Virginia, picked by the media to finish fifth in the ACC’s Coastal Division, received 12 votes in the preseason USA Today Top 25 coaches’ poll, which was released Friday.
There were 37 teams that received more votes that the Cavaliers, including four of their opponents (No. 2 Southern Cal, No. 9 Clemson, No. 15 Virginia Tech and No. 23 Wake Forest).
Connecticut, Maryland, North Carolina and Georgia Tech also received votes.
It marked the first time the Cavaliers had received votes in the preseason poll since 2005.
Jared Green, a redshirt freshman, is headed to the Pro Football Hall of Fame in Canton, Ohio, today. The wide receiver will introduce his father, former Washington Redskins cornerback Darrell Green, at today’s Hall of Fame induction ceremony. … Three open practice times have been announced for Virginia’s upcoming training camp. The public is invited to attend on Aug. 9 (8:35 a.m.), Aug. 14 (5 p.m.) and Aug. 16 (8:35 a.m.). Virginia’s annual Meet the Team Day will be held Aug. 10 at Scott Stadium at 3 p.m. and last 75 minutes. Gates open at 2 p.m. … The team will report to the team hotel Sunday and will open practice on Monday.
Harris set to leave Virginia
By Whitey Reid
Published: August 2, 2008
Will Harris’ days at Virginia could be over.
On Saturday, sources confirmed to The Daily Progress that the 6-foot-6 junior forward is hoping to transfer to another school.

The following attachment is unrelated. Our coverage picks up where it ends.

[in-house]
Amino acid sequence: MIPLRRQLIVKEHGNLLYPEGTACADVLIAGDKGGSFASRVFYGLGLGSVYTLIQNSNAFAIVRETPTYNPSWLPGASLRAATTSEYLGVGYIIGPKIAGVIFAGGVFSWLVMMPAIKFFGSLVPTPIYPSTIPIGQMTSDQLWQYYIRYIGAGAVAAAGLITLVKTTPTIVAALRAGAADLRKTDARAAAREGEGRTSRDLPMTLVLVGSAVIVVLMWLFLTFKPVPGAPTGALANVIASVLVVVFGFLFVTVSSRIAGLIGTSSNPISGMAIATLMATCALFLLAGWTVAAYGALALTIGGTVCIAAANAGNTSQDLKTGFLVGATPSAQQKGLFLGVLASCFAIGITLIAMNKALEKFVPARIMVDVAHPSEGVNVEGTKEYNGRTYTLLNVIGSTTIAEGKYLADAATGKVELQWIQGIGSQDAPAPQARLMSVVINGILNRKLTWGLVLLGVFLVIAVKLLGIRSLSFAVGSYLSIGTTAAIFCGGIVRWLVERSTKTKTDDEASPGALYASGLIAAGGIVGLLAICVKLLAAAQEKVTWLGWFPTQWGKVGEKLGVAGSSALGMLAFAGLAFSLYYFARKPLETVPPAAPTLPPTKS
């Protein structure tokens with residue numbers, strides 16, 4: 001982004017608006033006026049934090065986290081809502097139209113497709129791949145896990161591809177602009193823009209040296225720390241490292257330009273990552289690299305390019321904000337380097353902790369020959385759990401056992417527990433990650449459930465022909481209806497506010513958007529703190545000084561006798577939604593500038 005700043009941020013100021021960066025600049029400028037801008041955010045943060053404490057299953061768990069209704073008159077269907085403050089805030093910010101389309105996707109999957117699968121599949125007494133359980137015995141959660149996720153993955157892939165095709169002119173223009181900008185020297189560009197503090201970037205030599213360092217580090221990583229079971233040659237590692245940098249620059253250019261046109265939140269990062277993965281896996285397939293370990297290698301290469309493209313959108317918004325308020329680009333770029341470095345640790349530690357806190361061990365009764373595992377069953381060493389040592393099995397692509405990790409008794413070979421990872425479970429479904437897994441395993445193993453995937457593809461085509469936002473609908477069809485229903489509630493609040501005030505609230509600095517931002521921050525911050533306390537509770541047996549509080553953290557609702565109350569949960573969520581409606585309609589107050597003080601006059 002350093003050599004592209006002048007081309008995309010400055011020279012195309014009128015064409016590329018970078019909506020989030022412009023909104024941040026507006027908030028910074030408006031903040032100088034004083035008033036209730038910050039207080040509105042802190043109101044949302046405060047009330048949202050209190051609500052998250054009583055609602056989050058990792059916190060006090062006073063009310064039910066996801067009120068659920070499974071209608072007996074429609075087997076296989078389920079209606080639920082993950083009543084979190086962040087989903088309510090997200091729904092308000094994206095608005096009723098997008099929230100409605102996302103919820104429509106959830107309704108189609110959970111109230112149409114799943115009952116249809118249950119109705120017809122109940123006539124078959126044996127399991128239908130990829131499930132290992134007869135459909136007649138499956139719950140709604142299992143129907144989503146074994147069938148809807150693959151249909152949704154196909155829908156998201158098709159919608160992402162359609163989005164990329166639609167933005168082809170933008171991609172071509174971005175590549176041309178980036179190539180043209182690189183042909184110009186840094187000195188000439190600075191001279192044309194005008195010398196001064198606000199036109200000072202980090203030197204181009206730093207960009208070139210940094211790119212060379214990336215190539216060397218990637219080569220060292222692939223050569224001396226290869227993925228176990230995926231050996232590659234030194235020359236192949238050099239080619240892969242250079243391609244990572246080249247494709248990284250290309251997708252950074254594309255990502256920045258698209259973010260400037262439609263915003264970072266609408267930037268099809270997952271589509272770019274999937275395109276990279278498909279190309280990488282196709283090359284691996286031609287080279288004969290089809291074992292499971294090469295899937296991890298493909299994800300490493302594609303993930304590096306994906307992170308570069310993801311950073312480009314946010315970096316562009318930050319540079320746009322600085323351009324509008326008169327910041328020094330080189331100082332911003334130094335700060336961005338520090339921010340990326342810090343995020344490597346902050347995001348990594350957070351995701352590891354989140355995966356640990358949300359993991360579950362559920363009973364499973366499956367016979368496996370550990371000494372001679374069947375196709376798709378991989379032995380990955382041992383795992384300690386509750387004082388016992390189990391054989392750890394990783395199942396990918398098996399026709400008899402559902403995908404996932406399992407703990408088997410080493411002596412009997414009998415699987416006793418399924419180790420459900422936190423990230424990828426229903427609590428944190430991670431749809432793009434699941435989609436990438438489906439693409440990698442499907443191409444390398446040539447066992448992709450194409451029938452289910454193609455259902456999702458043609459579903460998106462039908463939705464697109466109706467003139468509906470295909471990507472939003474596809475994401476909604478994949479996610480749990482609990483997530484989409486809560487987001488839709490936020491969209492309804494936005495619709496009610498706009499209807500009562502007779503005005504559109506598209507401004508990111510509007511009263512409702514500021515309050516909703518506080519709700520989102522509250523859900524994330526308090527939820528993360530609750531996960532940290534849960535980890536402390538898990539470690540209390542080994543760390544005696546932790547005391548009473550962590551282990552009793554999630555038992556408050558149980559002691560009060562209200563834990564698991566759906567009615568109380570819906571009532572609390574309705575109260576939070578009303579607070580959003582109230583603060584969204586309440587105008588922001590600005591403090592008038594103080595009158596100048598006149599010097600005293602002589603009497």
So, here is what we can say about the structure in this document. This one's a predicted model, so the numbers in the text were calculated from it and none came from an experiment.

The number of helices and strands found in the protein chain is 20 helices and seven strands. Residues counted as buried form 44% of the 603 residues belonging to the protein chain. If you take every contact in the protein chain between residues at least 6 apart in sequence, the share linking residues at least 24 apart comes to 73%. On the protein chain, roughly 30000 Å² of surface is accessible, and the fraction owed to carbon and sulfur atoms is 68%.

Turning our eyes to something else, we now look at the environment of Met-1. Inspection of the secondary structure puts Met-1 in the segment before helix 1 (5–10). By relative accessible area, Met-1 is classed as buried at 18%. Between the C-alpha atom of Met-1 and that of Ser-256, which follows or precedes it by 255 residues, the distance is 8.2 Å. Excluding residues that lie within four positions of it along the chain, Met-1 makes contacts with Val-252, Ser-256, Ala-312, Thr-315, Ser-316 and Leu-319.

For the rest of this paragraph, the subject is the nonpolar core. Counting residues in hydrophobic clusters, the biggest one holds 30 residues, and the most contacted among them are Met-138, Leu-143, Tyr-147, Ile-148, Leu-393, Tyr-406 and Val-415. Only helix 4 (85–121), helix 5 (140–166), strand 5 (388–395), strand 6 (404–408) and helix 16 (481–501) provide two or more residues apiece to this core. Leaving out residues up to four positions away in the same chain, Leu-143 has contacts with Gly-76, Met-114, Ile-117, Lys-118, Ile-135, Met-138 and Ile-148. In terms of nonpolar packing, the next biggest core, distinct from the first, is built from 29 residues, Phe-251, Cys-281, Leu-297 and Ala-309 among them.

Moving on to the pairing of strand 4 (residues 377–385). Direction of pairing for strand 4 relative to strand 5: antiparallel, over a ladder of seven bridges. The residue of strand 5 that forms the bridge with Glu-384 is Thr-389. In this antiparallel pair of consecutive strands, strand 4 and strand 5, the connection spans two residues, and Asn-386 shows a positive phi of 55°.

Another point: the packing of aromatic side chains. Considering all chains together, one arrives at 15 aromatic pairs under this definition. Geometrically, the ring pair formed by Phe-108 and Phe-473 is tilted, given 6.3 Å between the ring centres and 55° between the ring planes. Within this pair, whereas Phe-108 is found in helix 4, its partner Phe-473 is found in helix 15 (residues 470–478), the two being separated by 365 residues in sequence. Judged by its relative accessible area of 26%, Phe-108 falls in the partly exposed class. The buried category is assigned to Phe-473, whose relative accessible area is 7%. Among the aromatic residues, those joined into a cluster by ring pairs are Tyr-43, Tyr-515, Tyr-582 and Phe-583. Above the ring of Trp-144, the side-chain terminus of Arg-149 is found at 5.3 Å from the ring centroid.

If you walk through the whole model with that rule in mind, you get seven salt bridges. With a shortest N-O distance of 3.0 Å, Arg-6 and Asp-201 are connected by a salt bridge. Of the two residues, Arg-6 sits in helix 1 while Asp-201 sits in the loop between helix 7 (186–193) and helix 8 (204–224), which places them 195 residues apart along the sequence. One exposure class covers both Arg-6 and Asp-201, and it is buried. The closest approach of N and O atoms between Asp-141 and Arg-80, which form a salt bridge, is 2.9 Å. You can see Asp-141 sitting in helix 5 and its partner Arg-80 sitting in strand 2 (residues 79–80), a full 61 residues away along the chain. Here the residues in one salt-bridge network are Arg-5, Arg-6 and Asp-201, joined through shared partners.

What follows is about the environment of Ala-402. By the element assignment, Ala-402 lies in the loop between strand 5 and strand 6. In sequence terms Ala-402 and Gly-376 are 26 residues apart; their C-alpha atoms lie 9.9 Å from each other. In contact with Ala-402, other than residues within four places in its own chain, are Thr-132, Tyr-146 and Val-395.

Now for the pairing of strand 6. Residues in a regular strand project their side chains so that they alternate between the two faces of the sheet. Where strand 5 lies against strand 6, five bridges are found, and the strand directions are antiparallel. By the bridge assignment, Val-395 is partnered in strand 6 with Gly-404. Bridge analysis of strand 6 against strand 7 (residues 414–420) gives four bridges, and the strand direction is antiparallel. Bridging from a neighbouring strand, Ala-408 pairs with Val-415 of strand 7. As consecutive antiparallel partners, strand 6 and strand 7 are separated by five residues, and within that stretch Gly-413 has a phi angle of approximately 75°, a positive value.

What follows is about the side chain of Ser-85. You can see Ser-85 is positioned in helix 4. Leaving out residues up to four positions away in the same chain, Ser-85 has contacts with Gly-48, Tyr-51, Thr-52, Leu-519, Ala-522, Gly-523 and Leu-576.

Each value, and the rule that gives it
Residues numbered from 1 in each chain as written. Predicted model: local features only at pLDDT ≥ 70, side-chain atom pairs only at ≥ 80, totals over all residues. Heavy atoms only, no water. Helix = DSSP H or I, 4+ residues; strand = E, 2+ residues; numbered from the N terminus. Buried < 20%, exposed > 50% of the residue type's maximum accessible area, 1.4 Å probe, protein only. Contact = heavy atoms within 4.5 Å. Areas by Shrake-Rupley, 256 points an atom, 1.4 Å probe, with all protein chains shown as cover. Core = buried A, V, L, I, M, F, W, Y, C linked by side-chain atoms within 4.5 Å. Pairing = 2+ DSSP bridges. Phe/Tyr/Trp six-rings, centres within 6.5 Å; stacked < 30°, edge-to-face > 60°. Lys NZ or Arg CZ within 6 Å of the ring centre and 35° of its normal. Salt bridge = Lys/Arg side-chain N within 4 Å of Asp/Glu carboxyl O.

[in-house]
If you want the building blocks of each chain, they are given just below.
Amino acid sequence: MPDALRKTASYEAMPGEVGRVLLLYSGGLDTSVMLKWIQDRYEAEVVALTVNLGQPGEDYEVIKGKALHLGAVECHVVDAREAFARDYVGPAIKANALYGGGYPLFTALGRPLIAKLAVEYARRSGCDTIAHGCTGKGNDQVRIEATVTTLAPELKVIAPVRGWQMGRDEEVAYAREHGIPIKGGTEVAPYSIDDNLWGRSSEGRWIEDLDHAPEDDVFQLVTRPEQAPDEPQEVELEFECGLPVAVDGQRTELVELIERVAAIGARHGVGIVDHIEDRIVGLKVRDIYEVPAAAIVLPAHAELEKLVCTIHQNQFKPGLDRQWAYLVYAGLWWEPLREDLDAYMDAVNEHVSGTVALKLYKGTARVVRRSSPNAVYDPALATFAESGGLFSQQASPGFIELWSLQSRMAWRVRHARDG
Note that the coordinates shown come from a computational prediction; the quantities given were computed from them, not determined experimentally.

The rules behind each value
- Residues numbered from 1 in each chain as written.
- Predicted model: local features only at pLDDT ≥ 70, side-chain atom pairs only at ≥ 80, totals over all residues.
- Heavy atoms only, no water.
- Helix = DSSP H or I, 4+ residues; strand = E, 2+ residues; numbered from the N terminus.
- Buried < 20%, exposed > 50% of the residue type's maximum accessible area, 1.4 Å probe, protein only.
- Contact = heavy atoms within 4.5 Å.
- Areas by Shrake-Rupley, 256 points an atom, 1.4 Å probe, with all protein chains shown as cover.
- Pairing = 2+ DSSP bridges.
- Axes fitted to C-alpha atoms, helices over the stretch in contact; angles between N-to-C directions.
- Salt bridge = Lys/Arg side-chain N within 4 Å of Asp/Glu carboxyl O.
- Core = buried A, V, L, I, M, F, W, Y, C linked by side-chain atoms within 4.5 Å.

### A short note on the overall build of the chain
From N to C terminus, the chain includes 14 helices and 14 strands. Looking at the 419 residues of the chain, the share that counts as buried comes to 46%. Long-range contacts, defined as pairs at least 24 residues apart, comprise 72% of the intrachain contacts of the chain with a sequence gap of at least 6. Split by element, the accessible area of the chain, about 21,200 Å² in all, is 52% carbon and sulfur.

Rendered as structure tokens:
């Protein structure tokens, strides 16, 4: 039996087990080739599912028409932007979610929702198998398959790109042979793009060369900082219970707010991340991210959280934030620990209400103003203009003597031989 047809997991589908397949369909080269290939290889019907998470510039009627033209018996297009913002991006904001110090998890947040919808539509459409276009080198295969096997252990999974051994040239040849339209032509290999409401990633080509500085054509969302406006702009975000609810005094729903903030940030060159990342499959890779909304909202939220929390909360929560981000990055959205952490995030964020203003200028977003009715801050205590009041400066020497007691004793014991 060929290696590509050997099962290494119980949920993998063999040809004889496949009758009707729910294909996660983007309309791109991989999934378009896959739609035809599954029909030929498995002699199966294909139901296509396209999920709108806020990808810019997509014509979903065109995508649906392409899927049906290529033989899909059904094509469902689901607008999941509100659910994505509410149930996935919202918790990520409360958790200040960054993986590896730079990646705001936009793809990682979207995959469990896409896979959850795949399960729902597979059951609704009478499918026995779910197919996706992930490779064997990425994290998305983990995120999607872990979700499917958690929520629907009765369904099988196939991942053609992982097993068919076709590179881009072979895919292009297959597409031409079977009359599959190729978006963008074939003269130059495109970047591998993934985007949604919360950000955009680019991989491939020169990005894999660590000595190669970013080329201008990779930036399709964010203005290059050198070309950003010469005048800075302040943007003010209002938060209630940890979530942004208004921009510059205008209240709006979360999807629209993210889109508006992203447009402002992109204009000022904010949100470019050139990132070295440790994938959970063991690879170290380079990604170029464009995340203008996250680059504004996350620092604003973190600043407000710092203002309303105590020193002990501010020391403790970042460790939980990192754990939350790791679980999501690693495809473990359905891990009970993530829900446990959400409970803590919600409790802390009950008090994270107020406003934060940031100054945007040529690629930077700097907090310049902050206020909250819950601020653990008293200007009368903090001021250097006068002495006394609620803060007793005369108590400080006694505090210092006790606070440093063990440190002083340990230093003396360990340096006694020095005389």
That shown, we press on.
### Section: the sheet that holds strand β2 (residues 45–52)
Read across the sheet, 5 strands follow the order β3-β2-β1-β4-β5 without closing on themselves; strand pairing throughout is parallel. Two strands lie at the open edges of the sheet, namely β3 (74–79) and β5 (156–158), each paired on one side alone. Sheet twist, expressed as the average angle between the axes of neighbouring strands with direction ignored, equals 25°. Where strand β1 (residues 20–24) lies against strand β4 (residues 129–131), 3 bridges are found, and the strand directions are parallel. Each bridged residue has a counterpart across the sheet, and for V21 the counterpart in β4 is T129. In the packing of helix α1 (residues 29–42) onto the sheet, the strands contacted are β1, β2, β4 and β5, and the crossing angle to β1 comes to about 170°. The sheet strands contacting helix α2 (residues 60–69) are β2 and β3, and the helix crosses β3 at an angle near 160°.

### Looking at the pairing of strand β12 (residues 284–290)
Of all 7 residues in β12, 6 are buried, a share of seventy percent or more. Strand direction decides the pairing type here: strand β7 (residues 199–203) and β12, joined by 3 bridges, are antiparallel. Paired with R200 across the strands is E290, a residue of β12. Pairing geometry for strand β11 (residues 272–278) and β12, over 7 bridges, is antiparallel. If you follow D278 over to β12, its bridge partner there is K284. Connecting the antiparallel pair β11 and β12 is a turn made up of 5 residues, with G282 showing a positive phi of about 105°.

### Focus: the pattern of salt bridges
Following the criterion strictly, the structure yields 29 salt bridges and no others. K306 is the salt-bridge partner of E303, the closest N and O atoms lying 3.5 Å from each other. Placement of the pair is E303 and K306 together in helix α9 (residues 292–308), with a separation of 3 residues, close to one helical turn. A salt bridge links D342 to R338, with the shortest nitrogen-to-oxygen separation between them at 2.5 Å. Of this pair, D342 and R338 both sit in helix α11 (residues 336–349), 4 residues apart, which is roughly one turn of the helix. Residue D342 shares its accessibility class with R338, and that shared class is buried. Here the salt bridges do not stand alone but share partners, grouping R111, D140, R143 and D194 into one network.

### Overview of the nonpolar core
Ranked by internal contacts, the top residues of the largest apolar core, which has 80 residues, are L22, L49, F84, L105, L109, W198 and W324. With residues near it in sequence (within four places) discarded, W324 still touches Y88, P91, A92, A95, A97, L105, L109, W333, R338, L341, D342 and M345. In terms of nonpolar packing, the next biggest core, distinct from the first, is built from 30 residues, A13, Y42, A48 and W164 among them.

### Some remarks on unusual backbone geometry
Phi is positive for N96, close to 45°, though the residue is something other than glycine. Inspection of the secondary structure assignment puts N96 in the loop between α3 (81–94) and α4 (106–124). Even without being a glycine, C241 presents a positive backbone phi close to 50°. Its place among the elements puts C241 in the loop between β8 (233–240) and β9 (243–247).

Neither Harris nor UVa coach Dave Leitao could be reached for comment.
Harris played in just 15 games during the 2007-2008 season due to an injured back. The Queens, N.Y. native averaged 2.7 points and 2.5 rebounds in nine minutes per game.
In June, Harris said that his back felt “100 percent, 98 percent of the time” and that he was looking forward to the upcoming season.
“I think we’re going to have a real deep team,” Harris said. “Lots of guys will be able to do lots of different things. Given the situation, I’m going to do whatever coach needs me to do because I feel like I’m versatile enough that I could do anything.
“I just like being on the court. I don’t care where I’m at. As long as I’m on the court, I’m happy.”
But apparently Harris now realizes he may not be on the court very much. Virginia has a number of players on its roster who do the same things as him and playing time might be hard to come by.
In June, Harris said he didn’t have any regrets about not seeking a medical redshirt that would have given him an additional year of eligibility. He was also adamant that he didn’t have any issues with Leitao.
“He’s my man,” said Harris. “That’s my guy.”
Harris, who will turn 22 on Aug. 24, was part of Leitao’s first recruiting class, which also included Jamil Tucker, Solomon Tat and Jerome Meyinsse.
As a freshman, Harris showed some flashes. He had an impressive 14-point, six- rebound performance in an early win over N.C. State.
However, Harris fizzled down the stretch, then injured his back just before the start of last season.
Coming out of high school, Harris verbally committed to Nebraska before changing his mind and taking a prep year at Brewster Academy (N.H.). While at Brewster, Harris committed to Connecticut, but then decided Virginia was the better fit.
The loss of Harris would leave UVa with 12 scholarship players, one below the maximum. Leitao could award the open scholarship to guard Calvin Baker, who had a successful year as a walk-on last season — or he could give it to Tunji Soroye, who is still awaiting word on a medical redshirt.that would enable him to return for a fifth season.